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AIG decides not to join lawsuit against government

The board of American International Group won’t be joining a $25 billion lawsuit that claims shareholders were harmed by onerous terms of the insurer’s government bailout.

The board announced its decision on Wednesday, report the New York Times Taking Note blog and the Associated Press. AIG has repaid the United States for the $182 billion bailout, resulting in a government profit of $22.7 billion.

A company run by one-time AIG chief executive Maurice Greenberg filed the suit in November 2011. The company, Starr International, once owned 12 percent of AIG. The complaint alleged the government charged “punitive” interest rates on its loans and enabled a “backdoor bailout” of the insurer’s Wall Street clients by using AIG money to pay off credit default swaps. Greenberg is represented by David Boies in the suit, which argues a Fifth Amendment takings violation.

AP spoke to Columbia law professor John Coffee about AIG’s decision. “The majority of directors decided that the reputational damage was greater than the possibility on a long-shot lawsuit,” he said.

via AIG Won’t Join Suit Claiming Its Government Bailout Harmed Shareholders – News – ABA Journal.

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NHL sues NHL player’s union

The National Hockey League, as well as all of its teams, sued the NHL players’ union.  The NHL’s federal complaint alleges that the union is engaging in an impermissible bargaining tactic by allegedly threatening to file an antitrust lawsuit.

The NHL’s complaint further states,

In recent days, many union members have publicly asserted that they intend to decertify the union, or vote in favor of the union’s renouncing or ‘disclaiming interest’ in its role as the exclusive bargaining representative of NHL players, an impermissible bargaining tactic defendants mistakenly believe would enable them to commence an antitrust lawsuit challenging the legality of the NHL’s ongoing lockout of NHL players and thereby to pressure the NHL to accede to the union’s preferred outcome in collective bargaining.

Last night [Thursday, Dec. 13], the NHLPA Executive Committee authorized that a vote be taken over the next four days on whether to authorize the union’s leadership to disclaim interest in its role as the exclusive bargaining representative of NHL players so that the NHL players could commence antitrust litigation against the NHL in order to secure a more favorable collective bargaining agreement.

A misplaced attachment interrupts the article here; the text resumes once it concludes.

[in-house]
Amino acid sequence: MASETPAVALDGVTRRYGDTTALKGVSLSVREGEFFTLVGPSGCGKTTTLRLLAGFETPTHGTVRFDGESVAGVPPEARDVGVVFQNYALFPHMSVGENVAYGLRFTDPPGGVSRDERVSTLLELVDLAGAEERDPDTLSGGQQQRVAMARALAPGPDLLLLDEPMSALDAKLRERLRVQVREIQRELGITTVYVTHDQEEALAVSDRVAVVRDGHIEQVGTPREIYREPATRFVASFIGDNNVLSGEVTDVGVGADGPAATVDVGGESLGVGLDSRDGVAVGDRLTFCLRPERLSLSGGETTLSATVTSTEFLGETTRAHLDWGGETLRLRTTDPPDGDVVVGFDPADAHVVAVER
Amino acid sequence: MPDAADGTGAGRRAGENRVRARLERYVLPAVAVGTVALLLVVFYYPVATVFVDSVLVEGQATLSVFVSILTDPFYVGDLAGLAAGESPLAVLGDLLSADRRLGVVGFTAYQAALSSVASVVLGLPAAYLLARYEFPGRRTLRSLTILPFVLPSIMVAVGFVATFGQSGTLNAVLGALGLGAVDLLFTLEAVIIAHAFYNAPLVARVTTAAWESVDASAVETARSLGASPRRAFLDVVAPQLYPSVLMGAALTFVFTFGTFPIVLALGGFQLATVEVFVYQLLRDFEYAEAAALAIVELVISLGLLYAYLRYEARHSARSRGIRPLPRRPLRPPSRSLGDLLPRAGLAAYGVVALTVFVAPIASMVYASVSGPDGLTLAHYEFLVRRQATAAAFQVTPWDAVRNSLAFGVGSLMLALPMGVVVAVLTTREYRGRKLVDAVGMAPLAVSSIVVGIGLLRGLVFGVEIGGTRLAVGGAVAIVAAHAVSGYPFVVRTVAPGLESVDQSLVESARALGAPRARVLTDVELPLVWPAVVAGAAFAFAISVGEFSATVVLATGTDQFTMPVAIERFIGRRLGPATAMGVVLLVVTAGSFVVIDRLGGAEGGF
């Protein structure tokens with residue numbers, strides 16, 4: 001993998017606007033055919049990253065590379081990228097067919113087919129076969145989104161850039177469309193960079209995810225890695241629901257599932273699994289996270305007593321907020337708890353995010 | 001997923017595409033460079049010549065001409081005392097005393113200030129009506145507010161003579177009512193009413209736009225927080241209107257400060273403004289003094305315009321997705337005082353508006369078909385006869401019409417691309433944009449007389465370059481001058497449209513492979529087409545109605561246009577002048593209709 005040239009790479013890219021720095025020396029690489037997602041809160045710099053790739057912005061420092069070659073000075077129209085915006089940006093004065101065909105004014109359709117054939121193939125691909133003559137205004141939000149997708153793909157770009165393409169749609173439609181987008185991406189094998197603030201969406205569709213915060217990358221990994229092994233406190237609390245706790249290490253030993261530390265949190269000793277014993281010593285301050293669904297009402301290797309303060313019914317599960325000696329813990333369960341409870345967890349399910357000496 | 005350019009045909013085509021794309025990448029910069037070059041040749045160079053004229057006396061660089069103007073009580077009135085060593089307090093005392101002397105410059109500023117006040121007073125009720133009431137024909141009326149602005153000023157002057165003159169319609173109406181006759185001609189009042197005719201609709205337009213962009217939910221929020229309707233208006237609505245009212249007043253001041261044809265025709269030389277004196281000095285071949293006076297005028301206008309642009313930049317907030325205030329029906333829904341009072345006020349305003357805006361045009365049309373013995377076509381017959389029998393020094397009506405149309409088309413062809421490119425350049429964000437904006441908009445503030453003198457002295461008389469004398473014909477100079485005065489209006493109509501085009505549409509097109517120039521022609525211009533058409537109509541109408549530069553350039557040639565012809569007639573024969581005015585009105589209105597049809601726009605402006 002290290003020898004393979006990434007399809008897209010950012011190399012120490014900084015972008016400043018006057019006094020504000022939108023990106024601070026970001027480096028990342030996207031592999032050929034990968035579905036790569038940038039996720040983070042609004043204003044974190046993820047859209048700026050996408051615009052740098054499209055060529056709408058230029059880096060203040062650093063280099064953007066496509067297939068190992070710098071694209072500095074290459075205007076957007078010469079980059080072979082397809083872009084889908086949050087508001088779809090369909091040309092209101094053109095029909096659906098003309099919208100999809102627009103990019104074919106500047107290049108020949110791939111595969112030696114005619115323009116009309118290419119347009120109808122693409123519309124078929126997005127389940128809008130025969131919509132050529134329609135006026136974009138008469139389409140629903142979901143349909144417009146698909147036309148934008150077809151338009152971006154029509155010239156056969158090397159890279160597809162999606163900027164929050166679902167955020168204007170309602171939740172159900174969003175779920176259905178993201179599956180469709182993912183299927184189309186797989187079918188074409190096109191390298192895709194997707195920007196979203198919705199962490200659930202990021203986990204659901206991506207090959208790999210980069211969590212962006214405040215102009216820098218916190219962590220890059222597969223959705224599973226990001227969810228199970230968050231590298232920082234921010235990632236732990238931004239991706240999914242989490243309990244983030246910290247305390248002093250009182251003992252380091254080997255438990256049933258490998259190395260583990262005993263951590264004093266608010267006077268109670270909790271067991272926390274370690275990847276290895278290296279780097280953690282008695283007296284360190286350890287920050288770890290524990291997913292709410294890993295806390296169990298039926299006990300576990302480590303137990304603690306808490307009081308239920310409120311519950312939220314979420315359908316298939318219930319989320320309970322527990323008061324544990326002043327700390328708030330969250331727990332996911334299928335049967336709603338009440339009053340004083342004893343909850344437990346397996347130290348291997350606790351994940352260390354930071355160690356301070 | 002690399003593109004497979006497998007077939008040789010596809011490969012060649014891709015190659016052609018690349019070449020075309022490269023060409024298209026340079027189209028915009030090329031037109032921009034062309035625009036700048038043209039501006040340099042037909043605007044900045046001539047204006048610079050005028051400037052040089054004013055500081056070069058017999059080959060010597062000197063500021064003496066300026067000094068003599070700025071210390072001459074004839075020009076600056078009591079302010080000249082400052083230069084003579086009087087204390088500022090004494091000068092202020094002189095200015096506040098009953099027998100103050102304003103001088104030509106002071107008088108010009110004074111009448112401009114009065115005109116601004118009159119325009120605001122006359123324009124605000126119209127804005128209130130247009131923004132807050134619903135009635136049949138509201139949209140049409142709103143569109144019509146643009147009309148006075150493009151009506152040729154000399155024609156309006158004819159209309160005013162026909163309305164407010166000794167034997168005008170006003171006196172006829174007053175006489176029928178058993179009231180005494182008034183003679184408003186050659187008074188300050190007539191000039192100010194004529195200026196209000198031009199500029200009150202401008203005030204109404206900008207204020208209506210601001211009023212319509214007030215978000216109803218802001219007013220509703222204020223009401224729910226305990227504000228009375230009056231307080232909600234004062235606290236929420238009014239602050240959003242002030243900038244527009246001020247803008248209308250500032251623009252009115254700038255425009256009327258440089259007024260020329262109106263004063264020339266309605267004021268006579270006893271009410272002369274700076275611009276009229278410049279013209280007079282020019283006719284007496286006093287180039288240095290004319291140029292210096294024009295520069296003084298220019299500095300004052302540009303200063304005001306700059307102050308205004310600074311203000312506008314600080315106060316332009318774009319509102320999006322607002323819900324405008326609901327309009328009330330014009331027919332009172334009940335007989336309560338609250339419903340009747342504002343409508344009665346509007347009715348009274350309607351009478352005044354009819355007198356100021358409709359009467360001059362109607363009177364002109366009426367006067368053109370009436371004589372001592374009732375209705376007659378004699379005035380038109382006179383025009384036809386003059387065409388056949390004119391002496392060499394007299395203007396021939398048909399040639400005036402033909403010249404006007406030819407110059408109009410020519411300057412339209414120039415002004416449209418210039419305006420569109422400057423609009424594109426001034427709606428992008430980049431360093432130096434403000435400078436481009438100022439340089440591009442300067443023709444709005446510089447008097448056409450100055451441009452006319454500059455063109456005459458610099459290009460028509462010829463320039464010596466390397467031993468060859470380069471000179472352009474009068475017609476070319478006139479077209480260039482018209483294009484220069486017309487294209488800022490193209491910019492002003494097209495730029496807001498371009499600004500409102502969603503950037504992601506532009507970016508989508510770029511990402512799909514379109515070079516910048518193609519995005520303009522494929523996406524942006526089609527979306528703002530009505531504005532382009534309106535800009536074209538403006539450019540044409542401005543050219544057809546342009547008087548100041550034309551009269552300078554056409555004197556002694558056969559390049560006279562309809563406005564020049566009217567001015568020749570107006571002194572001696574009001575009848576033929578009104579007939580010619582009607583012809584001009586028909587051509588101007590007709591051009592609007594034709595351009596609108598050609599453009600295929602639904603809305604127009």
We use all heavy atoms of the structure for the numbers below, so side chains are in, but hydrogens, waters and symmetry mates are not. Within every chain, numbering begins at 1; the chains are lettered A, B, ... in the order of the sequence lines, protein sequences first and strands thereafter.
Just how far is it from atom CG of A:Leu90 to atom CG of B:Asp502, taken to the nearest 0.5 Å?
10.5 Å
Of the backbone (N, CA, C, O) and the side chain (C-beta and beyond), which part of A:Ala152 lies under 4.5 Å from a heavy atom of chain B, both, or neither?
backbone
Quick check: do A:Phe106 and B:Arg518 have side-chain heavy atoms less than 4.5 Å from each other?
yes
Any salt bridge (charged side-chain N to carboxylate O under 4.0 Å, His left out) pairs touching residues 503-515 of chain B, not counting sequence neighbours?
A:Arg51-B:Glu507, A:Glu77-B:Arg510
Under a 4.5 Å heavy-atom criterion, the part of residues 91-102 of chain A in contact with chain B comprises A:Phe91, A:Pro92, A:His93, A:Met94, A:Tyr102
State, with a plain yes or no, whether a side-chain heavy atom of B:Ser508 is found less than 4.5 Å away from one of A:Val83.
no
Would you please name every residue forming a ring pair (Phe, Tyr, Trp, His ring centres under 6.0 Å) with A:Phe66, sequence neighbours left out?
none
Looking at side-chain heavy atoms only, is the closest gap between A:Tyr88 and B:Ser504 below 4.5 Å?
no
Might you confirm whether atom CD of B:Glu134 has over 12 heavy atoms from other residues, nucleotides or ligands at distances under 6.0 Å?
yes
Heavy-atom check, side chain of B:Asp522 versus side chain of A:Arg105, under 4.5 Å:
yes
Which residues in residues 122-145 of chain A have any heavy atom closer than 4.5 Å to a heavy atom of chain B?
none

The union’s improper threats of antitrust litigation are having a direct, immediate and harmful effect upon the ability of the parties to negotiate a new collective bargaining agreement.

The NHL therefore seeks a declaration that the NHL’s ongoing lockout, which is lawful as a matter of federal labor law, does not violate the antitrust laws, and as such, can neither be enjoined nor result in any legally cognizable or compensable damages to defendants.

NHL’s complaint further alleges “that the Norris-LaGuardia Act deprives the federal courts of jurisdiction to enjoin or restrain the ongoing lockout without regard to any purported disclaimer by the NHLPA;” that the lockout is legal under the Clayton Antitrust Act, “and thus does not result in any legally cognizable or compensable damages to NHL players;” and five other claims, all similar to the second one.

via Courthouse News Service.

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City of Detroit Faces Default Judgment

Good reminder to Defendants why they need to respond to a lawsuit.  If you don’t, you will likely face default judgment.

The City of Detroit is facing a $1.1 million judgment in a civil rights suit, after failing to respond to the litigation and being held in default by a federal judge.  Caleb Sosa, who is now 19, says he was coerced at age 14 into initialing a confession he couldnt read, to a murder he had nothing to do with, and held in juvenile detention for two years before he was acquitted at trial. His lawyer, Ronnie Cromer Jr., said he might well have been able to persuade a jury to award even more than U.S. Judge Sean Cox did had the case gone to trial, the Associated Press reports.  The city has declined to discuss the management of the Sosa case and why no response was ever filed to the 2010 suit, even after an amended complaint was filed in 2011 and hand-delivered to Detroits law department. The suit accused city police of faking Sosas confession and covering up evidence in his favor.

via After City of Detroit Ignores Civil Rights Suit, Federal Judge Declares Default, Awards $1.1M – News – ABA Journal.